Boy pulled from Nepal quake rubble in rare moment of joy

Boy pulled from Nepal quake rubble in rare moment of joy
Earthquake survivor Pema Lama, 15, is rescued by the Armed Police Force from the collapsed Hilton Hotel.

KATHMANDU - Rescuers pulled a 15-year-old boy alive from the rubble of Nepal's massive earthquake on Thursday, five days after the disaster which is now known to have killed more than 5,500 people.

The teenager's rescue from the ruins of a collapsed building in Kathmandu provided a rare moment of joy as relief coordinators warned it could take five days to reach some of the worst hit areas, accessible only by foot.

The United Nations launched an appeal for US$415 million (S$547 million) in aid from the international community while President Barack Obama vowed the United States would do everything in its power to help the devastated nation.

Nepalese authorities also announced that climbing would resume on Mount Everest next week despite the deaths of 18 people on the world's tallest mountain in an avalanche triggered by the earthquake.

Grainy broadcast footage showed a crowd of rescuers trying to bring the youngster out of the rubble of a guesthouse in the Gongabu district of the ruined capital before police confirmed he had been pulled out.

"A 15-year-old boy has been rescued from the rubble of a lodge called Hilton Guesthouse," said police spokesman Kamal Singh Bam.

"We are awaiting more details." Local media reports said that the unnamed teenager had been taken to hospital for treatment.

The news was likely to reinvigorate the efforts of rescuers who have had to contend with regular shocks and rain which makes it harder for sniffer dogs to work out if anyone is alive below the mountains of concrete.

The mood in Kathmandu has become increasingly grim since Saturday's 7.8-magnitude quake, the deadliest in Nepal for more than 80 years.

After desperate Nepalis clashed with riot police and seized supplies of bottled water on Wednesday, the government acknowledged that it had been overwhelmed by the scale of the crisis.

In a phone call to Nepal's Prime Minister Sushil Koirala, Obama said the US would do "all it can" to aid the relief effort, the White House said.

Only accessible by foot

Launching an appeal for US$415 million in aid, the UN said it would be take a marathon effort to help the people of one of Asia's poorest countries.

"This will be a long drawn-out affair. It will be a three-month exercise to address the relief needs, then it will turn into a recovery process and a reconstruction process," said UN resident coordinator for Nepal, Jamie McGoldrick.

The UN said there were "significant logistical challenges" in responding to such a large-scale crisis in hard-to-reach, mountainous areas.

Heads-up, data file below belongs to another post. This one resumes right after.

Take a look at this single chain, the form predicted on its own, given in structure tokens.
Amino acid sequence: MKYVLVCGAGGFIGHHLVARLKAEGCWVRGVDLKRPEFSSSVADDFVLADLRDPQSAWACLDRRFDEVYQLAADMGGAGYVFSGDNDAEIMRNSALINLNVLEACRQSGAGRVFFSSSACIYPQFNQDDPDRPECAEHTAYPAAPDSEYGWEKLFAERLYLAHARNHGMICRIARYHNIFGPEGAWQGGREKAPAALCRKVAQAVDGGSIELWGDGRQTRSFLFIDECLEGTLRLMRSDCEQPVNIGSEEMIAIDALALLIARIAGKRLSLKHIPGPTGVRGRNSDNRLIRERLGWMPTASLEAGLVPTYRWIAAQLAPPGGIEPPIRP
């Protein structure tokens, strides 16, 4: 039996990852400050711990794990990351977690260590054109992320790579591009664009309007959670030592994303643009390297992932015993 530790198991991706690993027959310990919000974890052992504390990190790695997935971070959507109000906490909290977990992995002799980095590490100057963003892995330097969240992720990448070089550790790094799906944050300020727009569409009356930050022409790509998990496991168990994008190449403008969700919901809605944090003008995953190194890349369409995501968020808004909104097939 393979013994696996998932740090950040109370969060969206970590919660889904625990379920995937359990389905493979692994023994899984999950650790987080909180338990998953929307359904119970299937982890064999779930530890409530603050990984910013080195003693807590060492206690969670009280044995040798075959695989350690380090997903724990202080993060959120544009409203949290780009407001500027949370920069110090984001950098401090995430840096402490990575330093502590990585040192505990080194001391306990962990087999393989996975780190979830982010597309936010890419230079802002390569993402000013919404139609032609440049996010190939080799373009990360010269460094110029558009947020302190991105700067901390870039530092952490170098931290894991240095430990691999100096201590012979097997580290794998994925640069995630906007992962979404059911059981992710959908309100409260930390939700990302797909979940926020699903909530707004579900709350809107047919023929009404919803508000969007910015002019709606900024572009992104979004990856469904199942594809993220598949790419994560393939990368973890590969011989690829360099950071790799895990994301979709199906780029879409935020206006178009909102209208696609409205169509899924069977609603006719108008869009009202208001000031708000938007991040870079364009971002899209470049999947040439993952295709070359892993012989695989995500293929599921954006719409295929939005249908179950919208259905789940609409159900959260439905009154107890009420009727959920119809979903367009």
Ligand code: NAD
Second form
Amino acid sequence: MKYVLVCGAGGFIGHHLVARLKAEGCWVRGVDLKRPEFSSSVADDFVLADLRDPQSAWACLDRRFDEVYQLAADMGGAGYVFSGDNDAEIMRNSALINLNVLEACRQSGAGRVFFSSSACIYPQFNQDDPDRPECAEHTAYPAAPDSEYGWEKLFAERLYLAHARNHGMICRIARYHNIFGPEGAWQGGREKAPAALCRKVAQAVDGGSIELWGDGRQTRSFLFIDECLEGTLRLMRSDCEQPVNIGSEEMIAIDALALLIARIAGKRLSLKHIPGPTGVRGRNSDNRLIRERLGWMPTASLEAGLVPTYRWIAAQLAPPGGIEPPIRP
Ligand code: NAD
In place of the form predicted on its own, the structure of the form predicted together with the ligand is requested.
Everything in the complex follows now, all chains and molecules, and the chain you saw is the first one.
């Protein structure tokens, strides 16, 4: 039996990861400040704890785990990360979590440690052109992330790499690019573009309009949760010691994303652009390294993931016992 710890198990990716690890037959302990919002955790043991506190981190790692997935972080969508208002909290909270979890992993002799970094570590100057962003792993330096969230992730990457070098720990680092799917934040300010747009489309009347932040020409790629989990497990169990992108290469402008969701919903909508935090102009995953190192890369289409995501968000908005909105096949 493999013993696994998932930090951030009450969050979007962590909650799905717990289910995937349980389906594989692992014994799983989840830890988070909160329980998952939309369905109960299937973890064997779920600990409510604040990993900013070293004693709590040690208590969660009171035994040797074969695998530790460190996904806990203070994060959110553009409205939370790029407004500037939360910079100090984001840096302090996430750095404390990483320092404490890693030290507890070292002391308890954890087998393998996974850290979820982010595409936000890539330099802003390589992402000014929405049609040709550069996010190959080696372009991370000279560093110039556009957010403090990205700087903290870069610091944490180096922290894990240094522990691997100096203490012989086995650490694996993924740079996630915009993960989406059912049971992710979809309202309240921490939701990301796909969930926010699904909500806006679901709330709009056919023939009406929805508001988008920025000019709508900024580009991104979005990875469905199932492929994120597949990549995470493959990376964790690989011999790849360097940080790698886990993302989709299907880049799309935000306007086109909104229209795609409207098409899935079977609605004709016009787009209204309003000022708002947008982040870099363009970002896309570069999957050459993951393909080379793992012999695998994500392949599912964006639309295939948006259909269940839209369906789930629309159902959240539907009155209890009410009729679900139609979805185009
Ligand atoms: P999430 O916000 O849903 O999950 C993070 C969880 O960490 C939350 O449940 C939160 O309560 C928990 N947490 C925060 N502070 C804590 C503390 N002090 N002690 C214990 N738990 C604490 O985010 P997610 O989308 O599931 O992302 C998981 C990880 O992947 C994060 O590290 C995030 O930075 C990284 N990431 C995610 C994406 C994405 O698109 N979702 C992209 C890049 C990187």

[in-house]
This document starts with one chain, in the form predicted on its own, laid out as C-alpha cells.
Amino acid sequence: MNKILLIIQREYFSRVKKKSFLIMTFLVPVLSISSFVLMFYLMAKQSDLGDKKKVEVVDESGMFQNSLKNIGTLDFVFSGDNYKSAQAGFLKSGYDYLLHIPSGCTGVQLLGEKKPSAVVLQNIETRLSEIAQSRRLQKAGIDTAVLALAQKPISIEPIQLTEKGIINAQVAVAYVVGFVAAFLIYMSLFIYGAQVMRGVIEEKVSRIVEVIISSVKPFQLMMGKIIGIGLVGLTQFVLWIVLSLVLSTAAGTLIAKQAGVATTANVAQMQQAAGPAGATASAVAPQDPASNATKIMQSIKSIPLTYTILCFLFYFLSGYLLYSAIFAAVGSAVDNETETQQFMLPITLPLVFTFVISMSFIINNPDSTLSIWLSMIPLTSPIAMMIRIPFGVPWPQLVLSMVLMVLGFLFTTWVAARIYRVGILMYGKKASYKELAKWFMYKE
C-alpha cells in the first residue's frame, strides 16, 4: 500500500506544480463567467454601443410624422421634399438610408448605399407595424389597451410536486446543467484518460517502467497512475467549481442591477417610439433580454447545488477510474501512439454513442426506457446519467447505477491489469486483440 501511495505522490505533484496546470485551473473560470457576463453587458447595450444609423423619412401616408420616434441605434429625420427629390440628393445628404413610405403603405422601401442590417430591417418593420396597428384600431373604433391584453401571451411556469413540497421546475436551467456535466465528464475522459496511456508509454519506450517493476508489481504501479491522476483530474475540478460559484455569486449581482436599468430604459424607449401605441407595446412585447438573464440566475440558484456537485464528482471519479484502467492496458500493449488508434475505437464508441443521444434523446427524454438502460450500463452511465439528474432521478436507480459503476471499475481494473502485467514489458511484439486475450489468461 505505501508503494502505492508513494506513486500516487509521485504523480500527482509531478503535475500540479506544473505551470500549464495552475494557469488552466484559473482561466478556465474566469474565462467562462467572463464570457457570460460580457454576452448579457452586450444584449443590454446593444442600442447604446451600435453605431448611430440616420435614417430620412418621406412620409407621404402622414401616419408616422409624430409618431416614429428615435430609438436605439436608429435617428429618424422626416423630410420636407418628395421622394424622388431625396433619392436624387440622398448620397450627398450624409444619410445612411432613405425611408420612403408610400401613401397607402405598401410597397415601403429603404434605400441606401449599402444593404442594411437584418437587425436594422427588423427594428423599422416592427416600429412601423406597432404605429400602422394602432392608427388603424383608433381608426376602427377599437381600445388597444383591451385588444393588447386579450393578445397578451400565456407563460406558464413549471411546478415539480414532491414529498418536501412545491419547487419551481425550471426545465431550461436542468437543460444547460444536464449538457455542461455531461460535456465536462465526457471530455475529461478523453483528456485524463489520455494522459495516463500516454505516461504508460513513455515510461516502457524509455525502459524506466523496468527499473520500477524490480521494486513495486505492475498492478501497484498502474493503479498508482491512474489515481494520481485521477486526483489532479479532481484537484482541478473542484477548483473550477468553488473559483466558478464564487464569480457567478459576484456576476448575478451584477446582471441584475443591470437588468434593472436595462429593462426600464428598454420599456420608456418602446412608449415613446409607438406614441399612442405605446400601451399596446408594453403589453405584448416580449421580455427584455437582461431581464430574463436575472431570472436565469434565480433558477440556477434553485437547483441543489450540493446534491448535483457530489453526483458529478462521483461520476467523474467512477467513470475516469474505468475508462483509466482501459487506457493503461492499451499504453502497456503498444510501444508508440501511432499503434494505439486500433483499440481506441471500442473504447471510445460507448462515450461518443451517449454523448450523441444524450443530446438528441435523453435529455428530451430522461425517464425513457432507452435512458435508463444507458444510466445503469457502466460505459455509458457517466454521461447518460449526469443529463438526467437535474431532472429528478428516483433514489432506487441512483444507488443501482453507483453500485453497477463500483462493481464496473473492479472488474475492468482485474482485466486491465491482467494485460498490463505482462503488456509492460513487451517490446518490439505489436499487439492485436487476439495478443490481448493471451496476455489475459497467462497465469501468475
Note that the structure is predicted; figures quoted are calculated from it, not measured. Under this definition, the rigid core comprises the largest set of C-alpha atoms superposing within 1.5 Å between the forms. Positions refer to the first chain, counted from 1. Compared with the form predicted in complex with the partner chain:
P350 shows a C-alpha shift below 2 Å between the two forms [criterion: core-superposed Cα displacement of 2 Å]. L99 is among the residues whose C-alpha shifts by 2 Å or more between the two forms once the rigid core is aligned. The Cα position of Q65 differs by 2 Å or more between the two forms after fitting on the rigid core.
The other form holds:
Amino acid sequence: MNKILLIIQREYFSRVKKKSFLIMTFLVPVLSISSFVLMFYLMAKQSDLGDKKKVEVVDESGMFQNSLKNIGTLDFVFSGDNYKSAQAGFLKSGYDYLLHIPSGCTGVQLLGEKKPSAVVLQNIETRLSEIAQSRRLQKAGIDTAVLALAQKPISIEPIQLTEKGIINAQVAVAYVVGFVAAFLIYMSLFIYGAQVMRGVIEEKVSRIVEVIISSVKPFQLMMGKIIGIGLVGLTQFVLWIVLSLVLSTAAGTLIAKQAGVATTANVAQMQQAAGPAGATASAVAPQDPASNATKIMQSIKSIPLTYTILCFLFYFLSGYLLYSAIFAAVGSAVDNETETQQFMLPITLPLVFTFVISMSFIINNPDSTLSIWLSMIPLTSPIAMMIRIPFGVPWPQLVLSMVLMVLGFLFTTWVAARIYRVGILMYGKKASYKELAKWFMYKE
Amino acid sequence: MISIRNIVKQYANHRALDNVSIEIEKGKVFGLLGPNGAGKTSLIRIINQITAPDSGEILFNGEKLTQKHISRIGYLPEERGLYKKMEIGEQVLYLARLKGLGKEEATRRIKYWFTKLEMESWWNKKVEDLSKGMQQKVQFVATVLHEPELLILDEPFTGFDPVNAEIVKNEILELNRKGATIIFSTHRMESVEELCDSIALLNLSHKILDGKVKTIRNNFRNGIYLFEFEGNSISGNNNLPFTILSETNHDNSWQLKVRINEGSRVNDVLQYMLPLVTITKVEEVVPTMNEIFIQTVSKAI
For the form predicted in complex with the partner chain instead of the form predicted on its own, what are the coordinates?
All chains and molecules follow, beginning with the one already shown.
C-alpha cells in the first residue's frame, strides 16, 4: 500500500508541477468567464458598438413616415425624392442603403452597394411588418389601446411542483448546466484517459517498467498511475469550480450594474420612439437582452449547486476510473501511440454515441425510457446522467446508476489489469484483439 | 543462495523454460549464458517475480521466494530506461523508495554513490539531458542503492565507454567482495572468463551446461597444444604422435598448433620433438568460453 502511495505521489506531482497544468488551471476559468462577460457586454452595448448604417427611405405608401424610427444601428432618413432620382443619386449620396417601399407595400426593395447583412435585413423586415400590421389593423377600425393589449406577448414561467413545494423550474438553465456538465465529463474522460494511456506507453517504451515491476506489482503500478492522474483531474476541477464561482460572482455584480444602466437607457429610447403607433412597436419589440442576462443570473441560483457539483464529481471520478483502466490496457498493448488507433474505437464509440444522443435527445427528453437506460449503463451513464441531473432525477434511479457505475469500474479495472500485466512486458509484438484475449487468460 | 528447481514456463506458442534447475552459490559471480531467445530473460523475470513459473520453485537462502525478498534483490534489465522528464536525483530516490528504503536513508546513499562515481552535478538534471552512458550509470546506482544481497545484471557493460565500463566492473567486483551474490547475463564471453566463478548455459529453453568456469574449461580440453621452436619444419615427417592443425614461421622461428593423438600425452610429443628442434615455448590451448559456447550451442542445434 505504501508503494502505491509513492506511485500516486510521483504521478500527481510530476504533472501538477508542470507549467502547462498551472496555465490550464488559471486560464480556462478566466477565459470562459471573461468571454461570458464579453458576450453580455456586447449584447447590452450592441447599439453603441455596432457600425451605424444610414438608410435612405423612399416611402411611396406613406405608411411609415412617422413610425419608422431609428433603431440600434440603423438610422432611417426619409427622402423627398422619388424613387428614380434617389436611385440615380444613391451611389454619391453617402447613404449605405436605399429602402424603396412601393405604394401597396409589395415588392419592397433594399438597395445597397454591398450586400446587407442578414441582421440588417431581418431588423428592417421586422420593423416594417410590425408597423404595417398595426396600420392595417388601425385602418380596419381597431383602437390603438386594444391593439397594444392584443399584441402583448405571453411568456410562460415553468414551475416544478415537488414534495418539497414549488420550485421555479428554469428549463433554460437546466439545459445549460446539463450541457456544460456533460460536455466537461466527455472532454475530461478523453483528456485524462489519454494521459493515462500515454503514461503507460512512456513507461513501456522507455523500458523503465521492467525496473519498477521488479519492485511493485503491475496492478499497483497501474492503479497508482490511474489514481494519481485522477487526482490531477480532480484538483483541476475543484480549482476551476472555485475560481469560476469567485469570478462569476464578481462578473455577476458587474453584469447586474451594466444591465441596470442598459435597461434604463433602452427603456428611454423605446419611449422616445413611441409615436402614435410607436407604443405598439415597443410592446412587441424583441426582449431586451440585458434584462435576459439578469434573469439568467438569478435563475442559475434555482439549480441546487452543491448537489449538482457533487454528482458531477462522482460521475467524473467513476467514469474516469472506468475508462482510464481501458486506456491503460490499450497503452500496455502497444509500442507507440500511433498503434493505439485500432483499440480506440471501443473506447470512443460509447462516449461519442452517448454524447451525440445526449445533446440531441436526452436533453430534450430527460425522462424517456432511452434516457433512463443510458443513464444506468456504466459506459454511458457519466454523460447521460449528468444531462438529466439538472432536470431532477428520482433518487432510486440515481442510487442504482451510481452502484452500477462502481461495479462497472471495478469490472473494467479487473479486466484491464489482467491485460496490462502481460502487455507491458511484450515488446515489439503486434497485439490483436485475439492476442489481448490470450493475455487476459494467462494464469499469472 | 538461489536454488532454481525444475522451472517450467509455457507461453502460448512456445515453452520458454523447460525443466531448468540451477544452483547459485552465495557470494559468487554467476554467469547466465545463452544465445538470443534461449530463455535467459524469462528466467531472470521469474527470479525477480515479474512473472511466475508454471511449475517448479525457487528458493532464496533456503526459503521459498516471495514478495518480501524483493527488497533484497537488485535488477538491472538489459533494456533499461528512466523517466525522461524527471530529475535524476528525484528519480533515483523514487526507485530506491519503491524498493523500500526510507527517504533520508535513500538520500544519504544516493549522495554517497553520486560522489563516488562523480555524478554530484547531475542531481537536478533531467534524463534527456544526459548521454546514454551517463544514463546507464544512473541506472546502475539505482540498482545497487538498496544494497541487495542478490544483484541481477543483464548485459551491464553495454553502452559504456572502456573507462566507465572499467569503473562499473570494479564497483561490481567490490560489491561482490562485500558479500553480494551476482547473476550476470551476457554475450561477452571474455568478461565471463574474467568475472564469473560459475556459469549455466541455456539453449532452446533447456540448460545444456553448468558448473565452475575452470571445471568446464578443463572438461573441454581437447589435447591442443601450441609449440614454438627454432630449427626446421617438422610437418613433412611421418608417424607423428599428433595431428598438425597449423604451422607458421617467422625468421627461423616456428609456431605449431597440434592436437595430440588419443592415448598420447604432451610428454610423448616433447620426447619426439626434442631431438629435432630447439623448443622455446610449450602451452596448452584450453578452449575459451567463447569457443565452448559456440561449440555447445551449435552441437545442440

Many of the communities worst affected by Saturday's quake are in remote areas of the Himalayas that rescuers have not been able to reach.

In its latest situation report, the UN said that search and rescue (SAR) was still limited outside of the Kathmandu Valley.

"Some villages can only be reached by foot with some areas taking up to four to five days to reach. Fuel to transport SAR teams is limited," it said.

"There is a need to prioritise restoration of communications infrastructure, casualty management and basic relief in remote areas."

Around 70,000 houses have been destroyed and another 530,000 damaged across 39 of Nepal's 75 districts, the UN said.

The latest official toll from Nepal's National Emergency Operation Centre put the number of dead at 5,489 and more than 10,000 are known to have been injured.

The impact also caused death and destruction in neighbouring countries such as India and China where more than 100 people were killed.

Fresh tremors

Although the number of aftershocks since Saturday's quake has subsided, fresh tremors were felt in the capital Kathmandu overnight.

Some people who had spent the past four nights camped out in the open for fear of aftershocks spent their first night back home.

But a significant number are still living on the roadside or open ground, according to AFP correspondents in the ruined capital, which is normally home to some 2.5 million people, including many migrant workers.

"I don't know how long we are going to do this. How long can we live on the street?" said Rajina Maharjan after another night camped out in a tent outside her house with her husband, in laws and a four-year-old son.

"We might return home in a few days, see how we can fix it and feel safe it in. It is raining on and off, we have old people and a child to take care of," added Maharjan, a shopkeeper.

Hundreds of thousands of residents have fled the city since Saturday, fearing aftershocks and wanting to inspect the damage back in their families' villages.

Signs of normal life were returning Thursday to Kathmandu, with shopkeepers opening, some for their first time since the quake, and vegetable vendors laying out bags of produce before dawn at devastated Durbar Square.

The government acknowledged it had been overwhelmed.

"The disaster has been so huge and unprecedented that we have not been in a position to meet the expectations of the needy people," Communications Minister Minendra Rijal told Nepal's Kantipur Television.

More about

Nepal earthquake
Purchase this article for republication.

BRANDINSIDER

SPONSORED

Most Read

Your daily good stuff - AsiaOne stories delivered straight to your inbox
By signing up, you agree to our Privacy policy and Terms and Conditions.